The idea of PassCard was born from the frustration with password management solutions. Technology should make our lives easier and better, and pervasive online services help us greatly, but we do not feel free anymore. Each time we read an email on parents’ notebooks or pay in the store with another card, we need to check our phones or write down passwords on a piece of paper.
Internet services and local network administrators require long passwords with letters, numbers, and special symbols. Moreover, you must regularly change the password due to password hash leaks and automatic security policies. You cannot use your pet’s name and spouse’s birthday because such passwords are easily guessed or vulnerable to brute-force attacks by hackers.
No wonder the password management market size was valued at $1.5 billion in 2021 and will grow to $7 billion by 2020. However, password management applications like KeePass, LastPass, and 1Password make us dependent on their services, and we cannot access them in exceptional situations.
It is possible to write down all passwords in the pocketbook. However, suppose you lose your password book. In that case, every layperson can read it and, after several attempts, access your critical service like email and continue the attack by requesting password resets for other services.
A PassCard is a simple and secure alternative to password management applications and keeping passwords in a notebook. You can generate a credit-card-sized card for important passwords and PIN codes. Each card is unique and allows you to choose multiple passwords from a grid of random letters, digits, and symbols:
Unlike the PasswordCard.org service, PassCard does not require a server-side service or a mobile application. PassCard is a single-page application and works in your browser:
- Download Zip archive from GitHub
- Unpack it
passcard.htmlfile in your favorite browser
- Click the Generate button to generate a new password and pin-code cards:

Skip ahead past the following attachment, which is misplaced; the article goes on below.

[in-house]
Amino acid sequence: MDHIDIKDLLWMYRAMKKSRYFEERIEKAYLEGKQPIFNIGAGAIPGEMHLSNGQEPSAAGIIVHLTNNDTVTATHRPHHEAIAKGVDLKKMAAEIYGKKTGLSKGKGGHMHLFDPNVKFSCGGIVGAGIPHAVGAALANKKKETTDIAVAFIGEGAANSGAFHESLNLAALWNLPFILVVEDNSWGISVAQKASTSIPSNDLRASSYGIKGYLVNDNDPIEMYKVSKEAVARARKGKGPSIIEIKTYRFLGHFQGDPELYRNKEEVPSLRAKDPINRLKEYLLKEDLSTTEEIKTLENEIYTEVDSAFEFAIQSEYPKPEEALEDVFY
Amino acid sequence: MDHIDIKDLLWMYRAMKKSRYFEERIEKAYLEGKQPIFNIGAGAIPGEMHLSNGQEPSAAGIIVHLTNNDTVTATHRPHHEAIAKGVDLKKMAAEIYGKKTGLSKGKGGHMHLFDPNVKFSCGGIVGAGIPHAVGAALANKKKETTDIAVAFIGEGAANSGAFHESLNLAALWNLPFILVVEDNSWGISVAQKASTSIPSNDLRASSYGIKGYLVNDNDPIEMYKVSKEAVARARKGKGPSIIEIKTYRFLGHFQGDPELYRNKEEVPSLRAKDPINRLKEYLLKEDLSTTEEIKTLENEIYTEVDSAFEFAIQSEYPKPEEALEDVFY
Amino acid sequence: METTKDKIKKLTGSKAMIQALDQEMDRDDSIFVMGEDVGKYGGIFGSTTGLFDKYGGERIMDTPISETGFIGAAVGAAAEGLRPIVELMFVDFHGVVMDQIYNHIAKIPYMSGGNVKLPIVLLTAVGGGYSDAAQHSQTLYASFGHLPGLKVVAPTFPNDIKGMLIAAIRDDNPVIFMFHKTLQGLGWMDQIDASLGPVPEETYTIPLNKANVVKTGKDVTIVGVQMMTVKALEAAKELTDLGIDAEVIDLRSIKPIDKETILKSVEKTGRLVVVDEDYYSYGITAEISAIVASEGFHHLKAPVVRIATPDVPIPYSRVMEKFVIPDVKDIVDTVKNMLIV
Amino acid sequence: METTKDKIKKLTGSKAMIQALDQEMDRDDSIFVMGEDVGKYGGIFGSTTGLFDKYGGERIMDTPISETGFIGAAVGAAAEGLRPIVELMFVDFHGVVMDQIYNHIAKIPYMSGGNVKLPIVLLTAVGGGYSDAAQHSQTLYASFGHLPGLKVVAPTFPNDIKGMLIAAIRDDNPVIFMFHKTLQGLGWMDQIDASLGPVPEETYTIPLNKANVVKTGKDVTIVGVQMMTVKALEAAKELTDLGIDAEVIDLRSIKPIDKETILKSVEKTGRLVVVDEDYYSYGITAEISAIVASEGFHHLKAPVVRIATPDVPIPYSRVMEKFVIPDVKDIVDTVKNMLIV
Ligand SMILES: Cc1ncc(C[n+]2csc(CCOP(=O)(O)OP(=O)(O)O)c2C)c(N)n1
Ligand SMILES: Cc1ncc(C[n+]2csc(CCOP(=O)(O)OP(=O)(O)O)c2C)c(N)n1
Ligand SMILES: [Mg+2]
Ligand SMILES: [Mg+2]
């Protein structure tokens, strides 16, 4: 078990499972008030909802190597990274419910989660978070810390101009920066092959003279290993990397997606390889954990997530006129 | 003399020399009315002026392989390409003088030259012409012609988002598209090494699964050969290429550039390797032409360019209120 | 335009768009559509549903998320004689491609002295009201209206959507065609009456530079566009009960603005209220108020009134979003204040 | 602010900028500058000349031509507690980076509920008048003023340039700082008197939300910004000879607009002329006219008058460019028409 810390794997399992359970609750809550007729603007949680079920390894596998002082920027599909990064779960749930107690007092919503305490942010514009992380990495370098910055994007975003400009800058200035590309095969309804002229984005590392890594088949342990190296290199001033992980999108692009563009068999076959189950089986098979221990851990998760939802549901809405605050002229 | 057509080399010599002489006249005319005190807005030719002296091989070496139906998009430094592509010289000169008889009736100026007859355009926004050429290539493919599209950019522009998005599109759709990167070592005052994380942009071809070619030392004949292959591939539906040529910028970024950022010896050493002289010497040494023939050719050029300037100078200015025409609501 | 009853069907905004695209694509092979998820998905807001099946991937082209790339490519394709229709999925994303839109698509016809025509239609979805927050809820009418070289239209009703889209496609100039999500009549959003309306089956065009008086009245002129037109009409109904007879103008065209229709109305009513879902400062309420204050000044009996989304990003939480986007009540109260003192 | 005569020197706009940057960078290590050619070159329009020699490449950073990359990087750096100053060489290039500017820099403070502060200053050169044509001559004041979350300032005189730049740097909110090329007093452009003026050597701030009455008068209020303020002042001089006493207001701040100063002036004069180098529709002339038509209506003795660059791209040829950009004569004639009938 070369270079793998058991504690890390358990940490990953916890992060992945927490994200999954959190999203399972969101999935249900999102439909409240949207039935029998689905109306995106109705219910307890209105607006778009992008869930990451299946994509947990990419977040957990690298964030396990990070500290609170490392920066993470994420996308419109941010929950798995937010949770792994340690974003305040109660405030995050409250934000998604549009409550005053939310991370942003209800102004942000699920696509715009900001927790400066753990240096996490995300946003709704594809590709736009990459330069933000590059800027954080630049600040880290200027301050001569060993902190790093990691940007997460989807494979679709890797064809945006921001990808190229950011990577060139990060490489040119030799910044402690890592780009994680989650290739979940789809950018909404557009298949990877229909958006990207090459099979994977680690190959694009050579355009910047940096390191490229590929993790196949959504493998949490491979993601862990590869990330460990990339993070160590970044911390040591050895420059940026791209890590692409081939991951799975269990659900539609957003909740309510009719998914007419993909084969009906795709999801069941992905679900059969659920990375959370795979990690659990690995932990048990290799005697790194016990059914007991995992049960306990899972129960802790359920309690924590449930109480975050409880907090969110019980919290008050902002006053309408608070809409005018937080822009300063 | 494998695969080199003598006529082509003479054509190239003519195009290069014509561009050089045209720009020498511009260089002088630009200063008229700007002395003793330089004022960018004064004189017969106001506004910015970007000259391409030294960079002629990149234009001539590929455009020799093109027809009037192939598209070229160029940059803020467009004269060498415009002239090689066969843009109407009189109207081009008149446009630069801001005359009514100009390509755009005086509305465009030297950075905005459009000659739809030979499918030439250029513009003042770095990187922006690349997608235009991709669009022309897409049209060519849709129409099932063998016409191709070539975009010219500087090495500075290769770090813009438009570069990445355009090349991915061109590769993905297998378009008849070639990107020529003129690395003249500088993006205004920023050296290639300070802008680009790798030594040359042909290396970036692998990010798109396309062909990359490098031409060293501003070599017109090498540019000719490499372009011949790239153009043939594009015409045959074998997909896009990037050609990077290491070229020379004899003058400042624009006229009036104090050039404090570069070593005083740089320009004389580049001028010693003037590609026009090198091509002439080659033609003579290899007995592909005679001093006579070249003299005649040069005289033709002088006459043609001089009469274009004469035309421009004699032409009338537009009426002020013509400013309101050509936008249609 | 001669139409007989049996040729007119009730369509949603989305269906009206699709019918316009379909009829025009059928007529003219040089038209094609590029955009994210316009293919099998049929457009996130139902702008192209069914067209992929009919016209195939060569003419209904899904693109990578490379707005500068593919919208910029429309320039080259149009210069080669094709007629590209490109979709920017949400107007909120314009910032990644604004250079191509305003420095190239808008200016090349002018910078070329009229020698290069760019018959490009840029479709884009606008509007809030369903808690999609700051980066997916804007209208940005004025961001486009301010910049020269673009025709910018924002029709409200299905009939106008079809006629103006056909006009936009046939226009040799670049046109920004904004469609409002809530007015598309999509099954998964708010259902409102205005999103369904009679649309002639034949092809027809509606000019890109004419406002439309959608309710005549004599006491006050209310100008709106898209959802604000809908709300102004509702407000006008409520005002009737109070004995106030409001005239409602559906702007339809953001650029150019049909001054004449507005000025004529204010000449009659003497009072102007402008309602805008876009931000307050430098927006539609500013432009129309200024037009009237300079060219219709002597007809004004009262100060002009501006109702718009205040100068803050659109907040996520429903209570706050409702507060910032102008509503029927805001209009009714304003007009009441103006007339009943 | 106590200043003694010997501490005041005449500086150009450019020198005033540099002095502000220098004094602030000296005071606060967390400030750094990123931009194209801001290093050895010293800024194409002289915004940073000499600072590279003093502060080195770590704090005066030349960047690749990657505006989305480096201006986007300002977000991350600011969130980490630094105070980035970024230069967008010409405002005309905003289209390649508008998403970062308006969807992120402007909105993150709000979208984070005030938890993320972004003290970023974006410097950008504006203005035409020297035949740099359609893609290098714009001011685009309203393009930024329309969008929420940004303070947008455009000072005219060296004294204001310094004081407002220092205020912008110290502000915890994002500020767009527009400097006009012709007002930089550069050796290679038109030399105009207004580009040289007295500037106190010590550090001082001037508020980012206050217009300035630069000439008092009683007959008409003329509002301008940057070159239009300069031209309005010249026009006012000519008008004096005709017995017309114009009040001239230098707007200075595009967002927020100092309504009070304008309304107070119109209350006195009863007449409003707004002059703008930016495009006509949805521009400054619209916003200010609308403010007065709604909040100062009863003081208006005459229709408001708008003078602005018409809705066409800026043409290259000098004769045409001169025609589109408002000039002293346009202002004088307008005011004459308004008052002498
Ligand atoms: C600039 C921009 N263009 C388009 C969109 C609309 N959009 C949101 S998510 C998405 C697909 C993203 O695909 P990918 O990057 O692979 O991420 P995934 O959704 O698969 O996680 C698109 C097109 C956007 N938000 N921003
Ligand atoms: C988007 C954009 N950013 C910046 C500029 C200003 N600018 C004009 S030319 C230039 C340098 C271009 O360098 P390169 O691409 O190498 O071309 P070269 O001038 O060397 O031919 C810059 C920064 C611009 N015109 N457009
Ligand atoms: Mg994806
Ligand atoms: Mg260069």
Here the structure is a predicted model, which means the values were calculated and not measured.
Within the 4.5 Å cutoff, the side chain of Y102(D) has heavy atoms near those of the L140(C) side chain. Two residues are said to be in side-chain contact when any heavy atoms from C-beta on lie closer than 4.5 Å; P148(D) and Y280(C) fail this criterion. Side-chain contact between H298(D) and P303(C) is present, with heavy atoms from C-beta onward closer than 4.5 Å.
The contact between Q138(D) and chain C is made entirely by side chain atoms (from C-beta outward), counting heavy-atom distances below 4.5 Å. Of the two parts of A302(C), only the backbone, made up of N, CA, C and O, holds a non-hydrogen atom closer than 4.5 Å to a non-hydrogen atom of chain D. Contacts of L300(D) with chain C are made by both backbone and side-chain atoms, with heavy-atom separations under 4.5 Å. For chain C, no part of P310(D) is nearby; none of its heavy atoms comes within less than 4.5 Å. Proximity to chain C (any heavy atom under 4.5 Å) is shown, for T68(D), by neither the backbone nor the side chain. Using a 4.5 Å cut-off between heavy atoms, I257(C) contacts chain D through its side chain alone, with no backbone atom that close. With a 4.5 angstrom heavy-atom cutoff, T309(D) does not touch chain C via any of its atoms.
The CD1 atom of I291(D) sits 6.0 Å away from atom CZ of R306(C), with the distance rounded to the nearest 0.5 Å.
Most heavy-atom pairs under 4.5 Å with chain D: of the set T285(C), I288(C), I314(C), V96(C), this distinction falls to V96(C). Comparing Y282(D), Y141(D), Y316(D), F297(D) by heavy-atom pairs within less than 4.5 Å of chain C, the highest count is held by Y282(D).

Passwords like “six red frogs” or “eight blue cows” are easy to remember and bring an element of a game into password management. Moreover, there are many ways to define the password path on the card, like “six red frogs fell” or “eight blue cows go backward”.
Enter the existing passwords and PIN codes to add to the cards and click the Generate button to place them on the card. Unfortunately, only a handful of independent secure passwords can fit into the card, and the path is limited.
Do not forget to remember the password and PIN code mnemonics before clicking the Export or Export All buttons. In the Preview mode, passwords and PIN codes are white, and the remaining card symbols are gray. After the export, all symbols are white.
Cautiously use PassCard, PasswordCard, and other services that generate printed secure cards. Physical access to the random symbols card does not help inexperienced attackers. Still, the card seriously limits the password search space for the brute-force algorithms and makes your passwords more vulnerable. Use PassCard in combination with additional security methods. For example, using the password card and two-factor authentication to access your Google Password Manager is relatively safe.
Feel free to clone and adapt the PassCard code to your own needs: